This is my response to John Best. The parent of a child with autism, who has decided to attack my colleague in the movement Ari Ne'eman, by calling him a fraud because of his perspective that autism doesn't needing curing, but is just part of the spectrum of humanity. I am not autistic, but felt I had much to say on the subject of seeking cures for children with disabilities.
Mr. Best has not substantially responded to me, accept to inform me after reading this post as follows: "I don't think you understand how debilitating autism is. Kids like my son can't do anything for themselves." I was horrified. The idea that a parent would think any child, whether or not that child has an impairment, "can't do anything" is patently wrong. It's especially a dangerous precedent to set in regards to a child with a disabilities, who are more likely than other children to have this negativity reenforced by society.
There is a petition on Facebook to ban Mr. Best from Facebook and remove the two pages that many people with autism object to. The petition can be found by clicking here. I signed it, even though I'm a big fan of the first amendment. I did so because I feel that this 'cure me, whatever the cost ideology', is dangerous to children with disabilities of all kinds. I also worry that a misguided person, under the influence of this sort of thinking, may target Ari or others with autism for acts of violence.
I wonder if your son is what some refer to as "low" functioning. Ari is "high" functioning. This may be the cause of your difference in perspective in reference to them. Both of them have autism, just different ends of the spectrum. I, myself, have "medium" cerebral palsy. For the record, I also am not particularly clear on what such functional labels are meant to convey.
In terms of my own experience I can tell you what having cerebral palsy has meant to me. It doesn't mean I'm not a person. It doesn't mean I'm not a poet. It doesn't mean I'm not capable.
In fact, I would say that having cerebral palsy had informed and influenced both my writing and my activism. I would not be the person I am today had I not been born with this neurological impairment. It's the fact that I would not be the same person if I were white or male. I currently have a job as a freelancer covering disability issues an Internet publication. You can click on my Facebook profile to be linked to my work.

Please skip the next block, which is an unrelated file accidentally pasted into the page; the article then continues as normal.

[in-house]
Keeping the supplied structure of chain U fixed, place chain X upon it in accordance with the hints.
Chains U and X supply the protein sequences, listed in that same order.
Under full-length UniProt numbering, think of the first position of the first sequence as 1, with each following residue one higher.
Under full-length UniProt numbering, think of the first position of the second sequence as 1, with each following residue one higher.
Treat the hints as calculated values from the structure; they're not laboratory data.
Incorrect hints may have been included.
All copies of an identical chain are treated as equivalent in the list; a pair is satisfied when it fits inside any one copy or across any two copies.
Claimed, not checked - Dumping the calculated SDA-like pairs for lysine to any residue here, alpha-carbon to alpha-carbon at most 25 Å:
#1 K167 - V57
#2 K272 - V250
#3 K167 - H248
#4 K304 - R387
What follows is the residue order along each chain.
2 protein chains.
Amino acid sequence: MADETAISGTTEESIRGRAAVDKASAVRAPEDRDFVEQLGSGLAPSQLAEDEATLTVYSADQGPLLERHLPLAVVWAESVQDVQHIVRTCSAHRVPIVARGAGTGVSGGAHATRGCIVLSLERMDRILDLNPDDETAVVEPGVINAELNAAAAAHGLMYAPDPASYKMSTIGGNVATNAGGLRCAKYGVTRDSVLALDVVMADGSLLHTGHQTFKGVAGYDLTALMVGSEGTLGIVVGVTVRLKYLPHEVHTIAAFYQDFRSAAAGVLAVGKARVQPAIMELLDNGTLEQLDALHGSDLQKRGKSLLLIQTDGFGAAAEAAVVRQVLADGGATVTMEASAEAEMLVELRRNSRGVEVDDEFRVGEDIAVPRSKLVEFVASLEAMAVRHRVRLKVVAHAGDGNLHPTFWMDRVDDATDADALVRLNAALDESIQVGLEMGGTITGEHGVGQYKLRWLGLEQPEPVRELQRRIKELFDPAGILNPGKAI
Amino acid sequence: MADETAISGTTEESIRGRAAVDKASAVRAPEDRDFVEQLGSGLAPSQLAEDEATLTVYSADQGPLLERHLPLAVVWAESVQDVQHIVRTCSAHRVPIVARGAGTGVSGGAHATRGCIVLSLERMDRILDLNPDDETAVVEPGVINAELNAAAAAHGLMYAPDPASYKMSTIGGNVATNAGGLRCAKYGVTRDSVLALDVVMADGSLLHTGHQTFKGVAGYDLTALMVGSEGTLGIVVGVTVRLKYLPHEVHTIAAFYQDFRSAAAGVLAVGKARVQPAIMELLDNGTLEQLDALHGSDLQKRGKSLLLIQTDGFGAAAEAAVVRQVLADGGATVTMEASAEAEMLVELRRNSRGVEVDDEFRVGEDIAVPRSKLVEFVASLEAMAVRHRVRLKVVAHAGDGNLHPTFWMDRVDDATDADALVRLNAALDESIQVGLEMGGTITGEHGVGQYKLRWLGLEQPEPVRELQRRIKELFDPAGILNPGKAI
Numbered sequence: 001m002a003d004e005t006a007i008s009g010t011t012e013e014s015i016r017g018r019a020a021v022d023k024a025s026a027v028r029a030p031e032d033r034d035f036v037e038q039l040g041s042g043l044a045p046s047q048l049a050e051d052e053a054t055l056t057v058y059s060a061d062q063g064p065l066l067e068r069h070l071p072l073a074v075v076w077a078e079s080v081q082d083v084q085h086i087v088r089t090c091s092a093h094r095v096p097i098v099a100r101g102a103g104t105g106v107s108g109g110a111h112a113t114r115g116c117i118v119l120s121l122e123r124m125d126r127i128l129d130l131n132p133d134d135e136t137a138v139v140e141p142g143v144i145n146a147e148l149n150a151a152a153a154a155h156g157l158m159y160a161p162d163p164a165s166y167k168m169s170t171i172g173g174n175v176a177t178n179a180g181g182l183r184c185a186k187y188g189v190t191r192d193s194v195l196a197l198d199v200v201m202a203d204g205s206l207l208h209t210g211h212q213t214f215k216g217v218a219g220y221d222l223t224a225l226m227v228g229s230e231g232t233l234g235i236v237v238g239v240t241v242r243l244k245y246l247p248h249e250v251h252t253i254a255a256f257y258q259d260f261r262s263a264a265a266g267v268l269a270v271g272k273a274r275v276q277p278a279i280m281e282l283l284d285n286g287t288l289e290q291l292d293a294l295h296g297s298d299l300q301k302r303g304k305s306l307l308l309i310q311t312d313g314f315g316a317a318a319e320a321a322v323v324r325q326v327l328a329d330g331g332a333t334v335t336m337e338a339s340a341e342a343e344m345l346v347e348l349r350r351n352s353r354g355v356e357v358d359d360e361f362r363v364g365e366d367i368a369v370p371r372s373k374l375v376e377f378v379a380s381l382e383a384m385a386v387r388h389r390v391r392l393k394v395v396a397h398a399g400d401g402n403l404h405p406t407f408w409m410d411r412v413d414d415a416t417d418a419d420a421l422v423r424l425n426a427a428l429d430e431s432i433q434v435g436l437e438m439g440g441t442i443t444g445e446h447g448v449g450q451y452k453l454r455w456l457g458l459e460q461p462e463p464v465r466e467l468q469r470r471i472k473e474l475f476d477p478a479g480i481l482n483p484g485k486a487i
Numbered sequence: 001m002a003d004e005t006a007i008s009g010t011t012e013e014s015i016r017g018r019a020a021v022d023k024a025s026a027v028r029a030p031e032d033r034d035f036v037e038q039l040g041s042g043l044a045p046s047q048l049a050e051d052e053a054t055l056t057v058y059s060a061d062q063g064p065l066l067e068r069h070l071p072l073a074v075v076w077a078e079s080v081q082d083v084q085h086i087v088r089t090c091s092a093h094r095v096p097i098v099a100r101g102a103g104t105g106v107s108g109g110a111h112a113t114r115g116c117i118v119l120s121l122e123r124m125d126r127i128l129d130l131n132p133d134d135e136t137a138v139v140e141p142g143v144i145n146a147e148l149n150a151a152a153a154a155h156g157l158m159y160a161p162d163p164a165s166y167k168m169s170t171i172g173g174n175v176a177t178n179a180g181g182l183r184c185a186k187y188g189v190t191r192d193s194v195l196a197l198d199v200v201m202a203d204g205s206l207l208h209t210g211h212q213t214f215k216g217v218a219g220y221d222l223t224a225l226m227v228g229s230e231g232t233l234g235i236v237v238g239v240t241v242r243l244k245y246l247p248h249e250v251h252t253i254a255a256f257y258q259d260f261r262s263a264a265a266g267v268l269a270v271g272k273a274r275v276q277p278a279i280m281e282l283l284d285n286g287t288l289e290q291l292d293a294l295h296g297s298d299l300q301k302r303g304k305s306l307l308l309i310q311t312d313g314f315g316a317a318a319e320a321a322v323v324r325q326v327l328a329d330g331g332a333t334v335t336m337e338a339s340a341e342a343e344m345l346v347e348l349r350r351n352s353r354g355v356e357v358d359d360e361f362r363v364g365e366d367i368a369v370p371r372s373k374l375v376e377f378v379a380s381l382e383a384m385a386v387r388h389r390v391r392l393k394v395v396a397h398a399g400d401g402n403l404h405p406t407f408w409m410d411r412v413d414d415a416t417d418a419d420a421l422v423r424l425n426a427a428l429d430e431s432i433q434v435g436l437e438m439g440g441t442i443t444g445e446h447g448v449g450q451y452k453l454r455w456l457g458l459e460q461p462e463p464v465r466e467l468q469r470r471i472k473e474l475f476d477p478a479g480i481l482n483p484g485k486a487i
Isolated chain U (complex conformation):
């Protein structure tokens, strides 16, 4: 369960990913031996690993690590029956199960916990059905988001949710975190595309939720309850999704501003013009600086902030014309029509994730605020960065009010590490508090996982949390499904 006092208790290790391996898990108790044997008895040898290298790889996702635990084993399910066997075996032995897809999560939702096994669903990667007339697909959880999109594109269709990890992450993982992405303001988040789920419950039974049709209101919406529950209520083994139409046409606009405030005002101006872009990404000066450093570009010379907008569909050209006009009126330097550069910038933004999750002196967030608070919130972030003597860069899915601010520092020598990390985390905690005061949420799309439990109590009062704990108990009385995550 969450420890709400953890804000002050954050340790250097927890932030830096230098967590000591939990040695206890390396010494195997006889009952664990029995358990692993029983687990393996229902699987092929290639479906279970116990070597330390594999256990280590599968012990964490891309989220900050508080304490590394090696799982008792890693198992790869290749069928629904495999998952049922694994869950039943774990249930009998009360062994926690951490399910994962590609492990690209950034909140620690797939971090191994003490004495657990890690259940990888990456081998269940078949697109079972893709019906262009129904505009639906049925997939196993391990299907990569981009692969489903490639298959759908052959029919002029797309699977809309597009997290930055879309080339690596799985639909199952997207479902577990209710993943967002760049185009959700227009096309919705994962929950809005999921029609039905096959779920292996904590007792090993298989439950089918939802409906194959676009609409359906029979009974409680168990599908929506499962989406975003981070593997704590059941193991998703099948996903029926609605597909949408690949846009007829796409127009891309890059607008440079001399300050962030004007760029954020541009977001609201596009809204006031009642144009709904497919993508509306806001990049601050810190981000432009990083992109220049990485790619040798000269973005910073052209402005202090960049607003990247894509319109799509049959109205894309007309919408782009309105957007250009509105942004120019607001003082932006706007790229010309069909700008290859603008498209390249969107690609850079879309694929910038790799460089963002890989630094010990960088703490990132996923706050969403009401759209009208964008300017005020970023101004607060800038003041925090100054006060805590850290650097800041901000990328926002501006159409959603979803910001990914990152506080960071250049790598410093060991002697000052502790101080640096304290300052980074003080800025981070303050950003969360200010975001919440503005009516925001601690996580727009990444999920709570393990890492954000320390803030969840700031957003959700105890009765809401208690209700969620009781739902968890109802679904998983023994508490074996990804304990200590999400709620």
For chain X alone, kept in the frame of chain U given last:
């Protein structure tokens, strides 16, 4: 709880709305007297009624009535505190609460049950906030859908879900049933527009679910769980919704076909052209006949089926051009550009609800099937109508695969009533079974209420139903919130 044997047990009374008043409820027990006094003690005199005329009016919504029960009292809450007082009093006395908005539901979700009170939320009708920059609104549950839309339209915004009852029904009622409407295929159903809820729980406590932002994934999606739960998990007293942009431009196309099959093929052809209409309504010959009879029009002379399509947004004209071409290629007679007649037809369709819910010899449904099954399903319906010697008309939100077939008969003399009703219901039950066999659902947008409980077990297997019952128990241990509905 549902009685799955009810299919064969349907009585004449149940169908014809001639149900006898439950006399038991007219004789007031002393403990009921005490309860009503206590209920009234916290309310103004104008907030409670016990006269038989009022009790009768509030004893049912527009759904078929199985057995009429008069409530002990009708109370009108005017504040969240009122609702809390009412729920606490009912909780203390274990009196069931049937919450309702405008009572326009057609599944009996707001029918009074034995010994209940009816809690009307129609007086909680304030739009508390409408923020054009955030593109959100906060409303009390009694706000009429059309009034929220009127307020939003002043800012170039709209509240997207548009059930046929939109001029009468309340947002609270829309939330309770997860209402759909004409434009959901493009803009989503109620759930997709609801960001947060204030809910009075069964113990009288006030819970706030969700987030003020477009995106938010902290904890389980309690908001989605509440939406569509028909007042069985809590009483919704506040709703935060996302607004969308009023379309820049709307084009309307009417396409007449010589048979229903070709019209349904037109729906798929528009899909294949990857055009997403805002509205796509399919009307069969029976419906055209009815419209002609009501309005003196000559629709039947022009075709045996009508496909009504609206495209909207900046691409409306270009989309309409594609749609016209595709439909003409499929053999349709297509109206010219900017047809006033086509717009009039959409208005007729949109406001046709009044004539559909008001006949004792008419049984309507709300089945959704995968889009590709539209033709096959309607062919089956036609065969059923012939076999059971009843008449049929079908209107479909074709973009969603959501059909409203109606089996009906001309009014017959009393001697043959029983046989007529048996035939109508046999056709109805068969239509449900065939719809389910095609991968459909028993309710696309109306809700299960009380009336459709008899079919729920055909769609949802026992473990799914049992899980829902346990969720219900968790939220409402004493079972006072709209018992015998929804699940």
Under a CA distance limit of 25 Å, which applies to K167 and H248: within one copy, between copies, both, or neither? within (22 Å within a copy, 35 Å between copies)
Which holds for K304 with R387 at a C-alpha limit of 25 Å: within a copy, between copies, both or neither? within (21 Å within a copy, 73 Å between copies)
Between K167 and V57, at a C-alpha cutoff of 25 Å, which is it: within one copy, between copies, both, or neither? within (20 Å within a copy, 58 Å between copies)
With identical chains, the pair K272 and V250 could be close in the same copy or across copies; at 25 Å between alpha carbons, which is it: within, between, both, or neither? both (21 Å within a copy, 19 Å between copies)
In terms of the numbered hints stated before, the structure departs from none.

I currently live in my own apartment. I interact with others on a daily basis. I have a mentee. Granted, having cerebral palsy is at times difficult. This is mostly because of outdated social attitudes and the
funding structures that control the services I need to survive.
However, if I had a magic lamp I would not wish away my cerebral palsy. I would wish away all those barriers that make living with it so difficult and are so unnecessary. I would also wish away all those damaging and incorrect physicians, therapists and others who, instead of teaching the child me to accept her disability and learn to function with it spent countless, pointless hours trying to make my body do things it was simply never meant to do.
If I could go back in time I would tell my parents that while I know they were doing the best they could in a situation they were not prepared for they shouldn't spend day after day and dollar after dollar chasing a cure that didn't exist. Instead, I would urge them to spend that time and that money moving to a more functional house, saving for my college, and making sure I got the mentorship and training I needed to become an independent woman with a disability.
I can almost assure you that your son has similar wishes to me now that I'm an adult. Most people with disabilities will tell you that they wish their parents had focused the effort and money they devoted to curing their impairment on teaching them how to live with one. I hope my letter helps you redirect your focus and parent, rather than try to fix, your son. If it does, you will have a lot fewer awkward conversations when he's an adult.